Center for Law, Economics, and Public Policy co-hosts “Inequality and the Economic Analysis of Climate Change"
The conference included papers and presentations by economists, philosophers, policy scholars, and lawyers on many aspects of the topic, such as: the effect of intra- and intergenerational inequality on the social cost of carbon or optimal mitigation pathways; the distributional effects of mitigation policies such as carbon taxes and cap-and-trade; the choice between utilitarian and equity-regarding social welfare functions as the normative basis for evaluating climate policies; and the relation between equity and corrective justice (compensatory) considerations with respect to climate policy.
Powell and co-authors make case for reasoned debate over EPA's Clean Power Plan
In response to Harvard law professor Laurence Tribe’s claim that the “EPA’s proposed actions would violate constitutional principles of separation of powers and federalism,” Professor H. Jefferson Powell, along with three other co-authors, suggest debating the Clean Power Plan without “using language that is more emotive than exact.”
Monast authors policy brief suggesting less formal multi-state carbon-trading to meet EPA goals
Dubbed the “cap-and-trade from the bottom up,” Professor Jonas Monast suggests a plan for states to reduce carbon emissions under the EPA’s Clean Power Plan without needing to join formal multi-state groups.
Longest analyzes Supreme Court's role in disputes over interstate waters
"Two sharply differing views on the Court’s role in handling disputes over interstate waters emerged last week. Justice Elena Kagan’s approach endorsed the power of Court-appointed special masters to fashion equitable remedies in disputes that states cannot resolve on their own. Justice Clarence Thomas’s approach warned the Court and its appointed special masters of the dangers posed by allowing equitable reformation over politically charged technical disputes between sovereign states."
Salzman analyzes strengths and predicts pitfalls on the 40th anniversary of the Safe Drinking Water Act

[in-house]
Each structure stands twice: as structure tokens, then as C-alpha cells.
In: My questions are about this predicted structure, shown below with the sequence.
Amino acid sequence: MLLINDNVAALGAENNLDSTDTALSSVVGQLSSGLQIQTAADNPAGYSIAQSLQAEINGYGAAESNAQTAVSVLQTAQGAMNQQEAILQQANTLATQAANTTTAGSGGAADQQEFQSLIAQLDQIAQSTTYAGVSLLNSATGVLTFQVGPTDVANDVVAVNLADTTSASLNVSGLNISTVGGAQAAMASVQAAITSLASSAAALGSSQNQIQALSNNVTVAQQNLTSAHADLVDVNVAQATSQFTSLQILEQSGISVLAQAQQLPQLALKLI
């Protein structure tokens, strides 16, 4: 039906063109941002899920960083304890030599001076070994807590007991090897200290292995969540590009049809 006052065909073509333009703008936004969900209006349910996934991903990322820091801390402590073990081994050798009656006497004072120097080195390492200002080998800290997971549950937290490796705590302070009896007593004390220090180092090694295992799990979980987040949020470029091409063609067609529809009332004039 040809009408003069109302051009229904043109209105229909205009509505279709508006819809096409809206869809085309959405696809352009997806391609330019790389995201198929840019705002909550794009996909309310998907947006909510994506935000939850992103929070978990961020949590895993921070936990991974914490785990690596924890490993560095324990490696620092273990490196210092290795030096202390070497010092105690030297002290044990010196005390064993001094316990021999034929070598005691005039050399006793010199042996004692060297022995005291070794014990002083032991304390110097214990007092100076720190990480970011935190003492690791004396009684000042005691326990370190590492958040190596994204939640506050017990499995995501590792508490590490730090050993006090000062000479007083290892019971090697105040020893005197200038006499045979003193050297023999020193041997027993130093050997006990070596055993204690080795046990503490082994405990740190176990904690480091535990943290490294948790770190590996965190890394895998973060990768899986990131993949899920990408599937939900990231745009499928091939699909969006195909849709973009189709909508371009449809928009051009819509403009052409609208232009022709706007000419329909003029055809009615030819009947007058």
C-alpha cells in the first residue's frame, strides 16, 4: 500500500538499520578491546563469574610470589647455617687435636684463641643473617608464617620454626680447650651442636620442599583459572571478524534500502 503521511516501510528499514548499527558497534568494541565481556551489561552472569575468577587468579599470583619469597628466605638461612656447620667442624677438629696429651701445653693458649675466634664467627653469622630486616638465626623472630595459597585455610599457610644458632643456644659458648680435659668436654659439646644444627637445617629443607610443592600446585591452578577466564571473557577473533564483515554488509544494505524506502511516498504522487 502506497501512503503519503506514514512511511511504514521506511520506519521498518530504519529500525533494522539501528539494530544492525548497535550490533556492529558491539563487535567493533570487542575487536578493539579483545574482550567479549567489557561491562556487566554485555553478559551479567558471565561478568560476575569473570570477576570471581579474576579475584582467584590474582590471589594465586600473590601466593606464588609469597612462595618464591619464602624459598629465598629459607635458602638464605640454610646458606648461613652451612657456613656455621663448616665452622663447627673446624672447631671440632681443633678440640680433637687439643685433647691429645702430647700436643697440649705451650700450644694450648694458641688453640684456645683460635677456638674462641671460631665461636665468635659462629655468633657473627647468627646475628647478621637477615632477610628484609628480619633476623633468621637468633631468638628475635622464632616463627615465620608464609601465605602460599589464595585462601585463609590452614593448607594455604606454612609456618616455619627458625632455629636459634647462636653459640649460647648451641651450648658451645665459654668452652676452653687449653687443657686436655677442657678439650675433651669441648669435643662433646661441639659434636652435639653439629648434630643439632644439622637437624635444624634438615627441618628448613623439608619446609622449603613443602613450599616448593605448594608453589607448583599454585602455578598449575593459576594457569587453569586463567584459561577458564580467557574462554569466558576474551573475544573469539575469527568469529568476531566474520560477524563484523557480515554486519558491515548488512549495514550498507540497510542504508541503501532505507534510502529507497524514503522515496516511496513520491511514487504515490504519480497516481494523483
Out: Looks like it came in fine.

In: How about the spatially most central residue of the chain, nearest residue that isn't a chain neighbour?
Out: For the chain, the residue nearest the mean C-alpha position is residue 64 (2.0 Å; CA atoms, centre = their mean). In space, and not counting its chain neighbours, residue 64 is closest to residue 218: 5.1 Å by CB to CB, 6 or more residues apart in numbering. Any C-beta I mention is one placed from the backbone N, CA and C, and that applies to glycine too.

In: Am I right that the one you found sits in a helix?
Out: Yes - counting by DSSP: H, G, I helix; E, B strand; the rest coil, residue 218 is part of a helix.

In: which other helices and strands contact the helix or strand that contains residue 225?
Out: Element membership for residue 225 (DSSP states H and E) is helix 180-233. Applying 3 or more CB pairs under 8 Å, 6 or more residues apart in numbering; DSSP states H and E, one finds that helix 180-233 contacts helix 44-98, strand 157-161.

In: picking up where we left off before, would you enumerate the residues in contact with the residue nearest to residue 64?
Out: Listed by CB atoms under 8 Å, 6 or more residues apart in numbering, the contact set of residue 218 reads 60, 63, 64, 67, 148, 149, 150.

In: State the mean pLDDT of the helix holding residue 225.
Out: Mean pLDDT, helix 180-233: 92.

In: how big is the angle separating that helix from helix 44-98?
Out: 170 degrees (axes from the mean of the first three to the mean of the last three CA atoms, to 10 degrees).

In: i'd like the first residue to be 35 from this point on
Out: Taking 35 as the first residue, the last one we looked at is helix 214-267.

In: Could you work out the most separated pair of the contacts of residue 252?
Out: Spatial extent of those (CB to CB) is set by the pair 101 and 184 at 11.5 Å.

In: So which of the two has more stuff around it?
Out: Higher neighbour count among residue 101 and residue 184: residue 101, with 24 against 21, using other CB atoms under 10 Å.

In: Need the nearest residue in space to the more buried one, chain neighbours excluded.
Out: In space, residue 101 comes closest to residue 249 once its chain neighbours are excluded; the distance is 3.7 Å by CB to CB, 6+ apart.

The Safe Drinking Water Act (SDWA) was signed into law on Dec. 16, 1974. On the 40th anniversary of that signing, Professor James Salzman reflects on the law in an essay for Slate, concluding that the SDWA was groundbreaking in ways that may be taken for granted today, but also that it faces significant challenges going forward.
Wiener, Adler join Duke faculty members in urging U.S. to regularly measure social cost of carbon
"In light of challenges in constructing the social cost of carbon (SCC), its newness in government regulation, and the importance of updating, we propose an institutional process for regular SCC review and revision when used in government policy-making and suggest how scientists might contribute to improved SCC estimates.” – Using and improving the social cost of carbon, 346 Science 1189-1190 (2014).
In the classroom: Food, Agriculture, and the Environment
Students in Senior Lecturing Fellow Michelle Nowlin’s class on food law and policy are spending the fall semester digging into a few culinary staples of the Tar Heel state: barbecue, corn-and-the-cob, and watermelon.
Featured FacultyClinical Professor of Law, Director, Environmental Law and Policy Clinic, Clinical Professor of Environmental Sciences and Policy
Longest is the founding Director of the Environmental Law and Policy Clinic, a joint project of Duke Law School and the Nicholas School of the Environment. He supervises students practicing in the clinic and teaches the seminar portion of the clinic.
Richard A. Horvitz Professor of Law and Professor of Economics, Philosophy and Public Policy
Senior Lecturing Fellow
Senior Lecturing Fellow, Supervising Attorney, Environmental Law and Policy Clinic
Robinson O. Everett Professor of Law
Senior Lecturing Fellow
Charles S. Murphy Professor of Law and Public Policy Studies, Co-Director of the Program in Public Law
William R. and Thomas L. Perkins Professor of Law, Professor of Environmental Policy, Professor of Public Policy
- The Clean Air Act & Existing Power Plants: What Will Compliance Mean This Summer?
A panel discussion and talk about the EPA's proposed rule under the Clean Air Act 111(d). This rule will regulate the greenhouse gas emissions of existing power plants. The anticipation of the new compliance standards has created a whirlwind of legal inquiries of interest to regulators and companies alike. Insights of Professor Jonas Monast (Duke Law School), Professor William Pizer (Sanford School of Public Policy), and Professor Jonathan Wiener (Duke Law School) will cover both economic and international perspectives on the issue.
Sponsored by Duke Bar Association and the Environmental Law Society.
- DELPF Symposium 2015: Carrots & Sticks | Welcoming Remarks; U.S. Food & Law Policy Panel
Welcoming remarks and a panel discussion from Duke Environmental Law & Policy Forum's 25th Anniversary Symposium, "Carrots and Sticks: Moving the US National Food System Toward a Sustainable Future."
Duke Law School Dean David F. Levi delivers the initial remarks. (0:20-9:30)
The panel's topic, "US Food Law and Policy," is addressed by the following panelists:
Margaret Lemos, Professor of Law, Duke University School of Law
Susan Schneider, Director, LL.M. Program in Agricultural & Food Law, University of Arkansas School of Law
Michael Roberts, Executive Director, Resnick Program for Food Law & Policy, UCLA School of Law
Neal Fortin, Director, Institute for Food Laws & Regulations, Michigan State University College of Agriculture and Natural Resources
Sarah Morath, Associate Professor, University of Akron School of Law